(Dana O'Donovan & Noah Rimland Flower, 10 Jan 2013, Stanford Social Innovation Review)



adapting to changeadaptive approach • adaptive strategy • becomingcentralisation • continuous mental loop • data is ubiquitous • decision makingDwight Eisenhower • evolving trajectory • experimentation • experimenting to success • fixed time horizons • fluid approach • John Boyd • military strategy • military thinkers • Monitor Institute • navigational tools • pattern recognitionplanning • plans are useless • predictionsrapid prototyping • real-time understanding • roadmap • shifting destinations • strategic directionstrategic planningtactical engagementturbulent contextuncertain environmentsunpredictability


Simon Perkins
23 JULY 2012

CETIS: JISC Pedagogical Vocabularies Review

"The JISC Pedagogical Vocabularies project was a short study, managed by CETIS, to scope the potential for identification, development and use of pedagogical vocabularies for the UK post–16 and HE communities. After a period of data gathering and community consultation, a Working Group of experts from various sectors and communities developed two reports along with recommendations to JISC that will be used to inform future development in this area, in collaboration with JISC partners."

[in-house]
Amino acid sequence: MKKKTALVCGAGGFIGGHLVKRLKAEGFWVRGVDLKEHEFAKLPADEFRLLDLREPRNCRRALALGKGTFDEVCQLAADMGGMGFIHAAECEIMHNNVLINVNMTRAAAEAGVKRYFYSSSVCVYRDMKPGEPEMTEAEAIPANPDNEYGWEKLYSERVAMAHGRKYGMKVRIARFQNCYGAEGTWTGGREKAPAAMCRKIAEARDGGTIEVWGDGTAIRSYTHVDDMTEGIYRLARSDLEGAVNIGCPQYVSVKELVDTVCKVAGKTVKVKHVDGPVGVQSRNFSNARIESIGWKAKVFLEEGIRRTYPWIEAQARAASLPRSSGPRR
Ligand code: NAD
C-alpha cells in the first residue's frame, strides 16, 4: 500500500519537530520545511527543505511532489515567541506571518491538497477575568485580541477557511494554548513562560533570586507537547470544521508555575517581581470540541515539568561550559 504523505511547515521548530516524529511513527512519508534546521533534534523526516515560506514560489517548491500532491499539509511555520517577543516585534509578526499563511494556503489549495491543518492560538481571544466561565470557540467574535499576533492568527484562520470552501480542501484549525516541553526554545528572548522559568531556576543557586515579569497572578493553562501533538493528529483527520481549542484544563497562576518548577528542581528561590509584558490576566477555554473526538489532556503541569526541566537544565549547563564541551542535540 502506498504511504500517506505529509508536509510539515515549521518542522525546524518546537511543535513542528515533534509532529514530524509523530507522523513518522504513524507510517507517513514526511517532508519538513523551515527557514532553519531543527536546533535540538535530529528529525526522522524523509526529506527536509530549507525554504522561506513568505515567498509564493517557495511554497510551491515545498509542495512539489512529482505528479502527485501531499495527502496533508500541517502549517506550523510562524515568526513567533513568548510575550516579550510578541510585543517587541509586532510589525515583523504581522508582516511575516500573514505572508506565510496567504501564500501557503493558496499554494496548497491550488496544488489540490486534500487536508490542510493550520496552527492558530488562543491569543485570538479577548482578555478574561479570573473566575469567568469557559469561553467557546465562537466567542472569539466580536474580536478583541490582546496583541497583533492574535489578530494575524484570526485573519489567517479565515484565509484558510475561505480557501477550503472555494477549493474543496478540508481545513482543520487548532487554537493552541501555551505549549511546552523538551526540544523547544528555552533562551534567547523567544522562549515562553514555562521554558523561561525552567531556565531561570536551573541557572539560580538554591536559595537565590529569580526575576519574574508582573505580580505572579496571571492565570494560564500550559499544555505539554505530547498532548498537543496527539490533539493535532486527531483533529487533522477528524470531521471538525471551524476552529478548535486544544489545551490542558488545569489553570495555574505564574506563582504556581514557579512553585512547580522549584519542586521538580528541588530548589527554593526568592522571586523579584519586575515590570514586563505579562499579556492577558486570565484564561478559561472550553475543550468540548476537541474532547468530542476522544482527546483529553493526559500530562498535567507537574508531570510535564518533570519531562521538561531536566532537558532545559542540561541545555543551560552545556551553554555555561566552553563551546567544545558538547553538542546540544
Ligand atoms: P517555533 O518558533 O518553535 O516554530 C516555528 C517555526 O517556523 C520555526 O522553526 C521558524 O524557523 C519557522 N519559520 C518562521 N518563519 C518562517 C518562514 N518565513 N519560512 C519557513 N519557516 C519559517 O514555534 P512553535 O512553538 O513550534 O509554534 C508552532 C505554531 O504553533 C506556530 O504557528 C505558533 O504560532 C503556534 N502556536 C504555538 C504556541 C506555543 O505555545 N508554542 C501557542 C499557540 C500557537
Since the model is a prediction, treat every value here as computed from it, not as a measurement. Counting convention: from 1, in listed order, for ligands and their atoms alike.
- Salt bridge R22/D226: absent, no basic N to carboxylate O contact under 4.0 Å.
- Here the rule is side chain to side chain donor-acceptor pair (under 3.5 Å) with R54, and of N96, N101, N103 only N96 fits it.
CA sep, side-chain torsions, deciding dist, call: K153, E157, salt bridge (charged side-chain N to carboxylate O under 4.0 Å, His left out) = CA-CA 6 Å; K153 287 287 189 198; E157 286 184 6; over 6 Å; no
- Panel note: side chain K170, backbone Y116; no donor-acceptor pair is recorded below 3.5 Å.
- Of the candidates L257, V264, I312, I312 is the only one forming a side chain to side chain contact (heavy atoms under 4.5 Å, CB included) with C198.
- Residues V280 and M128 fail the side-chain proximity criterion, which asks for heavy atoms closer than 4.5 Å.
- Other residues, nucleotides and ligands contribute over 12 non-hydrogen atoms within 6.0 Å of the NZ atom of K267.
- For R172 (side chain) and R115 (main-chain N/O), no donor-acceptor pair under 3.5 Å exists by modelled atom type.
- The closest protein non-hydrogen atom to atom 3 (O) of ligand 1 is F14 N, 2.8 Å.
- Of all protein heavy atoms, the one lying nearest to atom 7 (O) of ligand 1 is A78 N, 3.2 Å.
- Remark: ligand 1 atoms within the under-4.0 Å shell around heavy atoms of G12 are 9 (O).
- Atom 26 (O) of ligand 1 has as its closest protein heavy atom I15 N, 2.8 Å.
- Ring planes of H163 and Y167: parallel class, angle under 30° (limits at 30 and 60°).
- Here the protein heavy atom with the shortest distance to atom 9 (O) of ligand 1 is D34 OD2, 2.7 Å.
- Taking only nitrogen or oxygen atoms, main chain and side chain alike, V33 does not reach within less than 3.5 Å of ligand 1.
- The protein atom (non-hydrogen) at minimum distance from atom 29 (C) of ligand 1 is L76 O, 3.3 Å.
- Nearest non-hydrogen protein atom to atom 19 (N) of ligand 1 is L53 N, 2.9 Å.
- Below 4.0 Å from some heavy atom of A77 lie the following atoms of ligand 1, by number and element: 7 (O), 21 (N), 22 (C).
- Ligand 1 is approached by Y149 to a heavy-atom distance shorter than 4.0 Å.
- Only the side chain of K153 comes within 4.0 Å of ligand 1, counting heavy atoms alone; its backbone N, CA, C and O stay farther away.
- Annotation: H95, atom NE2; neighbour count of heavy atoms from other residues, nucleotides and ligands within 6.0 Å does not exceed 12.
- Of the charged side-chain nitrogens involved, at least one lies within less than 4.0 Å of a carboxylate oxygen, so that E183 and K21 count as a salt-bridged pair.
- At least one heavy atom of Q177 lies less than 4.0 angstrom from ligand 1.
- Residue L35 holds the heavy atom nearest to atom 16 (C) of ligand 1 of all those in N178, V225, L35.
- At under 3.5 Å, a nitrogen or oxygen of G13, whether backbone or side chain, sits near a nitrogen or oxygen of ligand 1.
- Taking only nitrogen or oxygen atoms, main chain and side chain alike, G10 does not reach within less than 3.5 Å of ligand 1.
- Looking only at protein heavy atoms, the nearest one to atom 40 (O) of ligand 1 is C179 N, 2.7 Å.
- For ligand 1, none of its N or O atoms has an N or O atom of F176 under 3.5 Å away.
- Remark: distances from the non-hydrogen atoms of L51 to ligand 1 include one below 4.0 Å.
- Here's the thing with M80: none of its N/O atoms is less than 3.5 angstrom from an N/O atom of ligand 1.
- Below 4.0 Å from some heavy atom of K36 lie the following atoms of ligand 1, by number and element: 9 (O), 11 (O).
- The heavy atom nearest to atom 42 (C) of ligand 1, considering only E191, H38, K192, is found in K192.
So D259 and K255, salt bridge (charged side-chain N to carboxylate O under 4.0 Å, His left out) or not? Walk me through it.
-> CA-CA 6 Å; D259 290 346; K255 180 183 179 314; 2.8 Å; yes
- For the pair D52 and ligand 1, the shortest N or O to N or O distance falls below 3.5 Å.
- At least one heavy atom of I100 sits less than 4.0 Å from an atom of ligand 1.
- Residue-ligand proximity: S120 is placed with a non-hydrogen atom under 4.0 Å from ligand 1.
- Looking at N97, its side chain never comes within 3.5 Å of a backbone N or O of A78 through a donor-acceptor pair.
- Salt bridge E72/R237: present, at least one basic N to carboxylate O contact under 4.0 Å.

(Joint Information Systems Committee, UK)

1). Pedagogical Vocabularies Review, which inventories existing pedagogical vocabularies, including flat lists, taxonomies, thesauri, ontologies and classification schemes, relevant to the UK post–16 and HE education sectors, with reference to current work in Europe. Final Draft, 23rd December 2005.


2005 • capturing vocabularies • Centre for Educational Technology Interoperability Standards • CETIS • classification schemes • community consultation • current standards • data gathering • developing vocabularies • e-learning • existing pedagogical vocabularies • flat lists • funding policy • HE communities • investment policy • JISC • JISC partners • Joint Information Systems CommitteelearningLMS • managing vocabularies • ontologies • pedagogical vocabularies • Pedagogical Vocabularies Review • pedagogypost-16project scopestrategic planningtaxonomiesTEL • thesauri • UK • vocabularies • vocabulary capturing methodologies • vocabulary capturing technologies • vocabulary management technologies • vocabulary management technologies review • vocabulary specifications
23 MARCH 2012

Autumn 2012: Design and Social Innovation

"There is a growing interest in the role that design can play in catalysing, harnessing, spreading and scaling social innovation around the world. This is expressed in two key ways:

> by a growing number of professional designers and design disciplines applying their skills to addressing social issues; and